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Could Election Violence Topple Iraq?

This is a pivotal moment

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Iraq's national elections are Sunday, but polls opened early today for a handful of government employees. The elections will have significant consequences for Iraq's immediate and long-term future, as well as U.S. plans for troop withdrawal. But the early rounds of voting have been marred by widespread violence in Baghdad, presumably meant to destabilize the country and prevent turnout. Despite fears that bombings would lead to political deterioration, Iraq's fledgling democracy has so far endured. But that hasn't stopped concerns that so much violence at such a pivotal moment could tip the nation toward chaos.

  • Defying the Violence  The New York Times reports, "Iraqi official and United States commanders have braced for violence, imposing strict controls on vehicles and cordoning off entire streets around polling sites. Thursday's attacks made it clear that security gaps remained, but on the streets of Baghdad, where lines of soldiers and police officers formed as soon as voting began at 7 a.m., there was also a sense of defiance."
  • Bombings Overstated  An anonymous Iraqi political blogger scoffs at the hand-wringing. "If you're watching TV to keep up on the election, you would think we're all scared to death. As usual, the media exaggerate. It's a bit noisy out there, but generally people are okay," he or she writes. "The terrorists are still out to get the Iraqi people. They are by no means thoughtful. They are out to murder in great numbers. But life goes on here; we're not hiding under our beds -- at least not yet."
  • Real Challenge Comes After Election  Foreign Policy's Tom Ricks waves off the bombings. "I think the current bombings in Iraq are simply an attempt to scare people before this Sunday's election. They may get media attention but don't seem to me necessarily to represent any long-term trend," he writes. "The big question in my mind is what happens in the three months after the election. How long will it take to form a government? And will that process exacerbate ethnic and sectarian tensions? If we don't see an Iraqi government by June 1, I will be very concerned."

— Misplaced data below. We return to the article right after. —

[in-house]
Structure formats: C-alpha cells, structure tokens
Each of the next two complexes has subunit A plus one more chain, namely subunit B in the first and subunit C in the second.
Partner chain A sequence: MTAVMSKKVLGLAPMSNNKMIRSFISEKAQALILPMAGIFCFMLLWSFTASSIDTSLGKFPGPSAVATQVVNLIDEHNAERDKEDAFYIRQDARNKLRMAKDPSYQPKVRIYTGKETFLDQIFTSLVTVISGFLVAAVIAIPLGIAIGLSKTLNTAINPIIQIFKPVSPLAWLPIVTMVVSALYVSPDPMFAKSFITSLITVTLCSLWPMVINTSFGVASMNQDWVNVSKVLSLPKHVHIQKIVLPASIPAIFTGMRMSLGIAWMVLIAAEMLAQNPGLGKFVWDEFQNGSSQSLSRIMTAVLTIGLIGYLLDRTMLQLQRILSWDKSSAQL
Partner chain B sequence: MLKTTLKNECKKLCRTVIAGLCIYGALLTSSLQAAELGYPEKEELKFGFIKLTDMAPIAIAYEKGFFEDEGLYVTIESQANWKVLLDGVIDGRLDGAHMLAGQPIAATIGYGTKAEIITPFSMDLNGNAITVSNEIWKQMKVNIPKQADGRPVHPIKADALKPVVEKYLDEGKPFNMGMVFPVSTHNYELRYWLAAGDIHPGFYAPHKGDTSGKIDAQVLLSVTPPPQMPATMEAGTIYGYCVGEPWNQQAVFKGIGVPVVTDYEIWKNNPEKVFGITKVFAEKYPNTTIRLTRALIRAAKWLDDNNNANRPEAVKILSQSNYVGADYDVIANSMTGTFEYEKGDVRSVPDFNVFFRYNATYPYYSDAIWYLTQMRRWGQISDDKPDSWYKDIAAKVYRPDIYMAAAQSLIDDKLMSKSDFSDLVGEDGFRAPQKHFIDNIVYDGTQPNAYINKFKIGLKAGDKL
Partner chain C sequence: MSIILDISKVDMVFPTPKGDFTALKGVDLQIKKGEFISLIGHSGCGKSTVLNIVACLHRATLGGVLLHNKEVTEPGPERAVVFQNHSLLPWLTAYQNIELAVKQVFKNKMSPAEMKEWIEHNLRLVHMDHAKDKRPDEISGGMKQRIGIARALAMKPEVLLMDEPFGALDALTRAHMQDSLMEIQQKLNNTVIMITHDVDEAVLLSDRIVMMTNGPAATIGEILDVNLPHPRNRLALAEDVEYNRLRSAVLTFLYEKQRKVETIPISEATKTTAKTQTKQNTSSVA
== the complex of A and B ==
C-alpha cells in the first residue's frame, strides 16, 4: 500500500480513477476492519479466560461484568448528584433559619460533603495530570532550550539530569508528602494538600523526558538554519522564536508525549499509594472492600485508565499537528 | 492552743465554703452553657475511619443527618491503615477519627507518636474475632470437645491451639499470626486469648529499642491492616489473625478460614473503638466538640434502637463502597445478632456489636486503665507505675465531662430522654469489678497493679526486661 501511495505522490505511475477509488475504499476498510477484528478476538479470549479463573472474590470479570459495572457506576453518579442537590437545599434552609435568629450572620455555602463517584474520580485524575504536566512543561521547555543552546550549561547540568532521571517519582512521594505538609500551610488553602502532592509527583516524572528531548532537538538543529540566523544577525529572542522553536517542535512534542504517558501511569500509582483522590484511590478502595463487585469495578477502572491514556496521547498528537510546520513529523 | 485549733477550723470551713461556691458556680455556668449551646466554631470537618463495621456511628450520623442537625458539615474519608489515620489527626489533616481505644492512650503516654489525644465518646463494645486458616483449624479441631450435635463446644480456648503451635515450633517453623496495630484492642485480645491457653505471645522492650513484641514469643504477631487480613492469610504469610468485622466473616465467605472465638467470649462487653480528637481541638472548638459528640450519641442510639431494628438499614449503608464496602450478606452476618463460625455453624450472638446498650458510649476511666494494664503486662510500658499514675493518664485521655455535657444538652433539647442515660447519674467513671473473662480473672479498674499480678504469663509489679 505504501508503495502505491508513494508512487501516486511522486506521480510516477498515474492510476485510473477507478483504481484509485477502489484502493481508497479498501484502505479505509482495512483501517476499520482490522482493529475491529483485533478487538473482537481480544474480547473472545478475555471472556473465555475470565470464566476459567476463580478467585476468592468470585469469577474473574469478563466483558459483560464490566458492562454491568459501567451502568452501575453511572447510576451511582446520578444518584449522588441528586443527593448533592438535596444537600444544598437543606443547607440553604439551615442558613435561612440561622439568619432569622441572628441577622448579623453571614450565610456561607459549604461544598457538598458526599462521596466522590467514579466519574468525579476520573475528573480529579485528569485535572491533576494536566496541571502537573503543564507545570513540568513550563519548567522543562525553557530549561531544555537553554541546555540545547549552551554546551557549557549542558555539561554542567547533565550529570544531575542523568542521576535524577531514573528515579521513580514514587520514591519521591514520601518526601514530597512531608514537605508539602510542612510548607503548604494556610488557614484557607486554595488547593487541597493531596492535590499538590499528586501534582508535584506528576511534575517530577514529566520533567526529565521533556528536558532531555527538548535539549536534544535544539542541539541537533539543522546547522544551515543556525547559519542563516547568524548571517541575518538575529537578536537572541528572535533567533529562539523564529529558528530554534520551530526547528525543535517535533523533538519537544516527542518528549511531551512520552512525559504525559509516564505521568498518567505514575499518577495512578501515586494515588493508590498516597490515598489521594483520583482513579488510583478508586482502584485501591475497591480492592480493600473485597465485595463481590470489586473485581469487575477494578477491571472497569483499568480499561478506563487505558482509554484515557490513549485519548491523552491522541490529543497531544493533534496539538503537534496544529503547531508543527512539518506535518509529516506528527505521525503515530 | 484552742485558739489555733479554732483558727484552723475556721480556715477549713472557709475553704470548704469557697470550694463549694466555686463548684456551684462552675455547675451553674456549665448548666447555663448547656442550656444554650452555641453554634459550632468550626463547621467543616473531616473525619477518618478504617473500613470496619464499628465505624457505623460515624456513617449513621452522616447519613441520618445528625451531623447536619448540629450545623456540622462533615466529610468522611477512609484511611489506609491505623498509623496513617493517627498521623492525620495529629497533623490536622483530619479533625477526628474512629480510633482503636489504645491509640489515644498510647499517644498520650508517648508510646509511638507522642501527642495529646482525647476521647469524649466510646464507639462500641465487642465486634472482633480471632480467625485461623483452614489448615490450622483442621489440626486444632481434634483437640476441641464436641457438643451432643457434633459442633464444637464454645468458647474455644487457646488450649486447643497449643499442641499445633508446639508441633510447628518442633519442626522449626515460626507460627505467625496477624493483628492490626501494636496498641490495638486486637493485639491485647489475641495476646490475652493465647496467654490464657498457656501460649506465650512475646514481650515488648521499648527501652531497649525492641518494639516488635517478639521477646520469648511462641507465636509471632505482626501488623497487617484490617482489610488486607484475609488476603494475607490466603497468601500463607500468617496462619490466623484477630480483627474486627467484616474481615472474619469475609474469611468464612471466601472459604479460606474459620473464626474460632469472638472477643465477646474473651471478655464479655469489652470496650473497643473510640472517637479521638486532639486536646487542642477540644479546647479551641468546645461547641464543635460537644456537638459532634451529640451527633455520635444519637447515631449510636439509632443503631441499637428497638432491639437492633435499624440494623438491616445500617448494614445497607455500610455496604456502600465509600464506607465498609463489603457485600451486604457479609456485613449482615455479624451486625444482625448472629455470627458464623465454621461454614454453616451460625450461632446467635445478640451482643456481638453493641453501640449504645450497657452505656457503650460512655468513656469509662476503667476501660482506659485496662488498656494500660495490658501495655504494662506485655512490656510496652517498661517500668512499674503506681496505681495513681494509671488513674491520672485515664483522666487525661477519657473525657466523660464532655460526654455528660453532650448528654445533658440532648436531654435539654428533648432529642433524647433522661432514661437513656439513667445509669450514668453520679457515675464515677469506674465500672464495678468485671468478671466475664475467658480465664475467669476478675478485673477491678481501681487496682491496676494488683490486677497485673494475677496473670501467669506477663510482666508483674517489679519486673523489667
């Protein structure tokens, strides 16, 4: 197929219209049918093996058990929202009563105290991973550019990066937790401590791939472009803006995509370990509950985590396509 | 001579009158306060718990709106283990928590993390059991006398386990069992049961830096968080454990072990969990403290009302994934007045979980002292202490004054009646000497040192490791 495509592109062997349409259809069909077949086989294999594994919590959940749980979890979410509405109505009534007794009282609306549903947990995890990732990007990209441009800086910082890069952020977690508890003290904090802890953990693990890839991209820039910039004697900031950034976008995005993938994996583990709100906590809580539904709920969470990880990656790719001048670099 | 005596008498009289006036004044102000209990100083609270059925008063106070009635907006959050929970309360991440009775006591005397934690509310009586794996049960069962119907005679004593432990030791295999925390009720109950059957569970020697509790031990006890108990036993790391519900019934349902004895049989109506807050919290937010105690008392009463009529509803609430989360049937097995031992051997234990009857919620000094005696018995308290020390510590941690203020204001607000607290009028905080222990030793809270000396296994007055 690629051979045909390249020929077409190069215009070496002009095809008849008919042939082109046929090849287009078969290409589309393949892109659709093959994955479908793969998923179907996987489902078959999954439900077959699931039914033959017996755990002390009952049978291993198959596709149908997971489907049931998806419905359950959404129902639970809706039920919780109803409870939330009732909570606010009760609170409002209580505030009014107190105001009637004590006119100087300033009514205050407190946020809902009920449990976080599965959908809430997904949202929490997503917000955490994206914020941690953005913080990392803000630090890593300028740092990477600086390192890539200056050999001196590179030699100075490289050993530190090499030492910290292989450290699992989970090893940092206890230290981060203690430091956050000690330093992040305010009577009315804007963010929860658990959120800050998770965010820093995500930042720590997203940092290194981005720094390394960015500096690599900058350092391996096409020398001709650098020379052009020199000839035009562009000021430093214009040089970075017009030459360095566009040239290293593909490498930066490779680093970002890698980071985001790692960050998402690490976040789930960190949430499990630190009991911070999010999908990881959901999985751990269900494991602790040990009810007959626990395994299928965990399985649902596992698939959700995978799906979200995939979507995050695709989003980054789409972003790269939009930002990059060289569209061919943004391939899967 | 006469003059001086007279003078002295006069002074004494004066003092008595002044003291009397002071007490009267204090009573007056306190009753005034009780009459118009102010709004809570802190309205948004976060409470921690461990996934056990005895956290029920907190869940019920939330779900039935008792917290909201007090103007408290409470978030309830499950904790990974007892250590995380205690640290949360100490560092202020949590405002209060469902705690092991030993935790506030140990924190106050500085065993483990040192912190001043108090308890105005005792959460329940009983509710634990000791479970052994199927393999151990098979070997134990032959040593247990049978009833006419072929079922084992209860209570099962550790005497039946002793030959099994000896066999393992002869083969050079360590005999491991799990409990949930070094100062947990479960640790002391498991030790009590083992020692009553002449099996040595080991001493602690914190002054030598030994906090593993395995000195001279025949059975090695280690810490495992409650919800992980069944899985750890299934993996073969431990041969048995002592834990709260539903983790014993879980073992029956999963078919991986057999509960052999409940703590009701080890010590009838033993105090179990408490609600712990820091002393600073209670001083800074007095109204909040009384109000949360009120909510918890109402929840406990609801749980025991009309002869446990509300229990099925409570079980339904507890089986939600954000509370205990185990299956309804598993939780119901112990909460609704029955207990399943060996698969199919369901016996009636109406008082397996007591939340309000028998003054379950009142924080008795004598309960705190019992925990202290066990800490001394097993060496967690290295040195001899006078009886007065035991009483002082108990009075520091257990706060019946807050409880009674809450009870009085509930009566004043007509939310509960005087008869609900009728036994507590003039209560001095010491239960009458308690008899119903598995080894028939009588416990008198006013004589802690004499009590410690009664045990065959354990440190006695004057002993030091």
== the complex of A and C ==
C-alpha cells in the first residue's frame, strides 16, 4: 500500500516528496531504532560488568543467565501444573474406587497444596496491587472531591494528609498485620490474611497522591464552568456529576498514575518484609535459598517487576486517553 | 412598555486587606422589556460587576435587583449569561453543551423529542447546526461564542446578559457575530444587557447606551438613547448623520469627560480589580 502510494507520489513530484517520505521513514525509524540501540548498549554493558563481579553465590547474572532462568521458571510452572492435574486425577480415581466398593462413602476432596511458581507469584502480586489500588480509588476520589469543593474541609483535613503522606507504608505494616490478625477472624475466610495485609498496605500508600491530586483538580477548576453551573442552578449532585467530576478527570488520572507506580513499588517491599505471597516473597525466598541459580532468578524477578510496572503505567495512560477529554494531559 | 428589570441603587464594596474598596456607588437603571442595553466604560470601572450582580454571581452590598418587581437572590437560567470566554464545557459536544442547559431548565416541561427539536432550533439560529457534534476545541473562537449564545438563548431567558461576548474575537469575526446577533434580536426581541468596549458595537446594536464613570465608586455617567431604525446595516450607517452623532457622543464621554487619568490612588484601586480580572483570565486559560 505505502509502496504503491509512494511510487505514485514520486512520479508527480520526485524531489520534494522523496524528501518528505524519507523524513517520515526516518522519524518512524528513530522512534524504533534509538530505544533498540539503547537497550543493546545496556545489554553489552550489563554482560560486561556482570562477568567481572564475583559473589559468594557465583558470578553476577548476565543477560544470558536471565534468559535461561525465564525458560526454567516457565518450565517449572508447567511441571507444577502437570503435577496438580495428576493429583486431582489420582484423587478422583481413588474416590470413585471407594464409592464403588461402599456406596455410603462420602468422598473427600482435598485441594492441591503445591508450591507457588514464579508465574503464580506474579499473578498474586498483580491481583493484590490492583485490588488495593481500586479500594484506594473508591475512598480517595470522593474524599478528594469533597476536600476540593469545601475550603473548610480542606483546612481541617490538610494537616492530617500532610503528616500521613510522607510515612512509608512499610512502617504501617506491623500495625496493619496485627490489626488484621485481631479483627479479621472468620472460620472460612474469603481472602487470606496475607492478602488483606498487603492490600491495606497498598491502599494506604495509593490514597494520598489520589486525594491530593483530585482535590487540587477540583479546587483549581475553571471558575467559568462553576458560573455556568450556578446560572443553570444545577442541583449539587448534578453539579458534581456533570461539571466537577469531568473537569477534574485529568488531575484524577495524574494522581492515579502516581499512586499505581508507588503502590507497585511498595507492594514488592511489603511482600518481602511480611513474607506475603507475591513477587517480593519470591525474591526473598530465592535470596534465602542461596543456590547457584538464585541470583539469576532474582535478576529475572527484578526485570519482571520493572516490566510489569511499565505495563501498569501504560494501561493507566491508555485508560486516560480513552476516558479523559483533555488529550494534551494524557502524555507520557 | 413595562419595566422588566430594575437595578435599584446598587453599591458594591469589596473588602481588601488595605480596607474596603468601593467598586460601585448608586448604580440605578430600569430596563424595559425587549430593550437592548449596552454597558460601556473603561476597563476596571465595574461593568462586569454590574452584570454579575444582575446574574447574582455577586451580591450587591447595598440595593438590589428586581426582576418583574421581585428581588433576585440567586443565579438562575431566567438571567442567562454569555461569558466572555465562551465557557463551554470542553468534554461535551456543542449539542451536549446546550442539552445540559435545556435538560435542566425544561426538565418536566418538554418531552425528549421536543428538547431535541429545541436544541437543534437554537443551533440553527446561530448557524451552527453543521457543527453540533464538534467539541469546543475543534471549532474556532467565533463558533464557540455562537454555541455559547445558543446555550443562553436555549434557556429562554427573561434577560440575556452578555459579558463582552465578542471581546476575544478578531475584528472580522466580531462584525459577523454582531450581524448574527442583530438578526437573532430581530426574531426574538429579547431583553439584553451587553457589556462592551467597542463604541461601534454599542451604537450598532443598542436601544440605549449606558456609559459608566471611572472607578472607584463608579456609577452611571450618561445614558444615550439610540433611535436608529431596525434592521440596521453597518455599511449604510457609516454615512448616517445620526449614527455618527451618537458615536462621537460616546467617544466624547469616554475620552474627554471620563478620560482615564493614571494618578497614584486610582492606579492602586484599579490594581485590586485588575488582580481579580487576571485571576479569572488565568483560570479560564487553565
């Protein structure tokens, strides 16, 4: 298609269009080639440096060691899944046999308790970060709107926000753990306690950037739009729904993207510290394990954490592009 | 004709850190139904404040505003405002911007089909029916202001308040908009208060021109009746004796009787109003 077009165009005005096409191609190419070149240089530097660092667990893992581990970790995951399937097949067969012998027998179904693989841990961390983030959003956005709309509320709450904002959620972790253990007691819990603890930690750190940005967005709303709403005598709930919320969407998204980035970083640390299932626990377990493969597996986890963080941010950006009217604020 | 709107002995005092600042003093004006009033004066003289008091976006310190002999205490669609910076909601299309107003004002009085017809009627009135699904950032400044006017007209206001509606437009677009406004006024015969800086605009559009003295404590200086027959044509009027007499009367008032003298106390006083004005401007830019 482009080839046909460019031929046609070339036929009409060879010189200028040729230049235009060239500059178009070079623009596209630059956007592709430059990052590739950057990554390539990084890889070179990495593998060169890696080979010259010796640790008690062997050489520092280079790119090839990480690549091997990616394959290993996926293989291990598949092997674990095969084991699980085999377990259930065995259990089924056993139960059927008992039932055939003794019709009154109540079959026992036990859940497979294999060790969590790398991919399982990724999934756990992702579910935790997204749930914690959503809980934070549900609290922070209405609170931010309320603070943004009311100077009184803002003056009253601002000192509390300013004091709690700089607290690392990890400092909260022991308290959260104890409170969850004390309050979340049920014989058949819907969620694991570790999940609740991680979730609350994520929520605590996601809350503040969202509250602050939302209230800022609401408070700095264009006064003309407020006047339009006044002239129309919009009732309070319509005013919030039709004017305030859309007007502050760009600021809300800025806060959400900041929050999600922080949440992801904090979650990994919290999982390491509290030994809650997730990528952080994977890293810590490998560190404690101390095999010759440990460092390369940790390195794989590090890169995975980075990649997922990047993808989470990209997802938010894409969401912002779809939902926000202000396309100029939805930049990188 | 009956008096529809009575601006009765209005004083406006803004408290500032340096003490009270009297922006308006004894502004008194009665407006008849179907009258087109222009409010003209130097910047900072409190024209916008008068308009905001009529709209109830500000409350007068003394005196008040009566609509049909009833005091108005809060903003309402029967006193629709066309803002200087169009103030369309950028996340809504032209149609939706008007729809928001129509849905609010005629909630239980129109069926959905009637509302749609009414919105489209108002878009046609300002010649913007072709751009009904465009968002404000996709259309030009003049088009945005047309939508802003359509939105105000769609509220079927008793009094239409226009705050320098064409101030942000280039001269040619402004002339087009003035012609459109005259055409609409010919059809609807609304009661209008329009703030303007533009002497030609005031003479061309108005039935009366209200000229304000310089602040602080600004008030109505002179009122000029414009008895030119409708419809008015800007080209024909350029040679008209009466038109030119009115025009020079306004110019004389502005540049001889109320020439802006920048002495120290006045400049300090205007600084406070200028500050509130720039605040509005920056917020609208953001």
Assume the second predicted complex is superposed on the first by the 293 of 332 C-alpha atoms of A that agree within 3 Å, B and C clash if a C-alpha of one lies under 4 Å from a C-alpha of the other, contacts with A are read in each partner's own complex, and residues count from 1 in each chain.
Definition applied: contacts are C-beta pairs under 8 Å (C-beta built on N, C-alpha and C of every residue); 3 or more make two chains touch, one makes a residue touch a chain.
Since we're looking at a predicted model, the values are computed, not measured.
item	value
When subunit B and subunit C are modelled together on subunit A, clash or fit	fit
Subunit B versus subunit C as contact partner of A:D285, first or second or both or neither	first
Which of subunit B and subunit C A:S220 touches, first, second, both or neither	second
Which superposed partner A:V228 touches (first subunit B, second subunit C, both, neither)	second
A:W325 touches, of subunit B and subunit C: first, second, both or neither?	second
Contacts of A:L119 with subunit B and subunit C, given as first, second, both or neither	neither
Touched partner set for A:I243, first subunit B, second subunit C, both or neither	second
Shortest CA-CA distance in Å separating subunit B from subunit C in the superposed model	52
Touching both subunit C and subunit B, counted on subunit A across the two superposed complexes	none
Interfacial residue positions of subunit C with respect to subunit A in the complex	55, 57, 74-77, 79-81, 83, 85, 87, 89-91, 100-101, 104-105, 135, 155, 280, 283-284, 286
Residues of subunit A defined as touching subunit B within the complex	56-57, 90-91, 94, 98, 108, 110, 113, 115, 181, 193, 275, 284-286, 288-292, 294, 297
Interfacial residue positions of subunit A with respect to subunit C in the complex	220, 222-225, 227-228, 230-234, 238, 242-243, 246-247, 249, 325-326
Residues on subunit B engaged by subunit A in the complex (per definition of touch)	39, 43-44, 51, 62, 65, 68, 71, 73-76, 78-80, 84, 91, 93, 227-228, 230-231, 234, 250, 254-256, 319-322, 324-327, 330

• Obama Must Recommit to Iraq  The Economist insists Iraq isn't ready to stand on its own without American help. "The country has been devastated, in good part thanks to the miscalculations of America and its Western allies. It is progressing shakily and still needs outside help. And it is vital to the stability of the region. The mission has by no means been accomplished."
  • Could Complicate U.S. Withdrawal  The New York Times' Helene Cooper and Mark Landler worry, "Will parliamentary elections, scheduled for Sunday, throw the country back into the sectarian strife that flared in 2004 and delay the planned American withdrawal?" The authors say this would be a political disaster for Obama back in the U.S. "For the Obama administration, the best strategy could be to remind the Iraqis that they must conduct a responsible election if they want a long-term relationship with the United States."
  • Violence Was Never Biggest Threat  That honor belongs to Iraqi politicians, writes The Economist. "Iraq's main problem is no longer its violence but its politics. Most state institutions have failed to improve at the same rate as the security forces. Occupying a temporary home since the defence ministry requisitioned its building, Iraq's parliament is a glaring example. Legislation barely moves through readings and committees. A counter-terror law is 33rd on a list of 79 bills awaiting approval. A much-needed hydrocarbons law regulating the oil industry is also stalled, as are measures to sort out disputed internal borders."
  • Cyclical Violence Is Inevitable  Retired high-ranking CIA official Howard Hart isn't optimistic. "Even if the elections themselves go fairly well, the record of the past five or six years of political chaos and sectarian violence in Iraq is dismal," he writes. "I think that civil war in Iraq seems very likely - probably starting well before the remainder of our non-combatant units have left at the end of 2011."
This article is from the archive of our partner The Wire.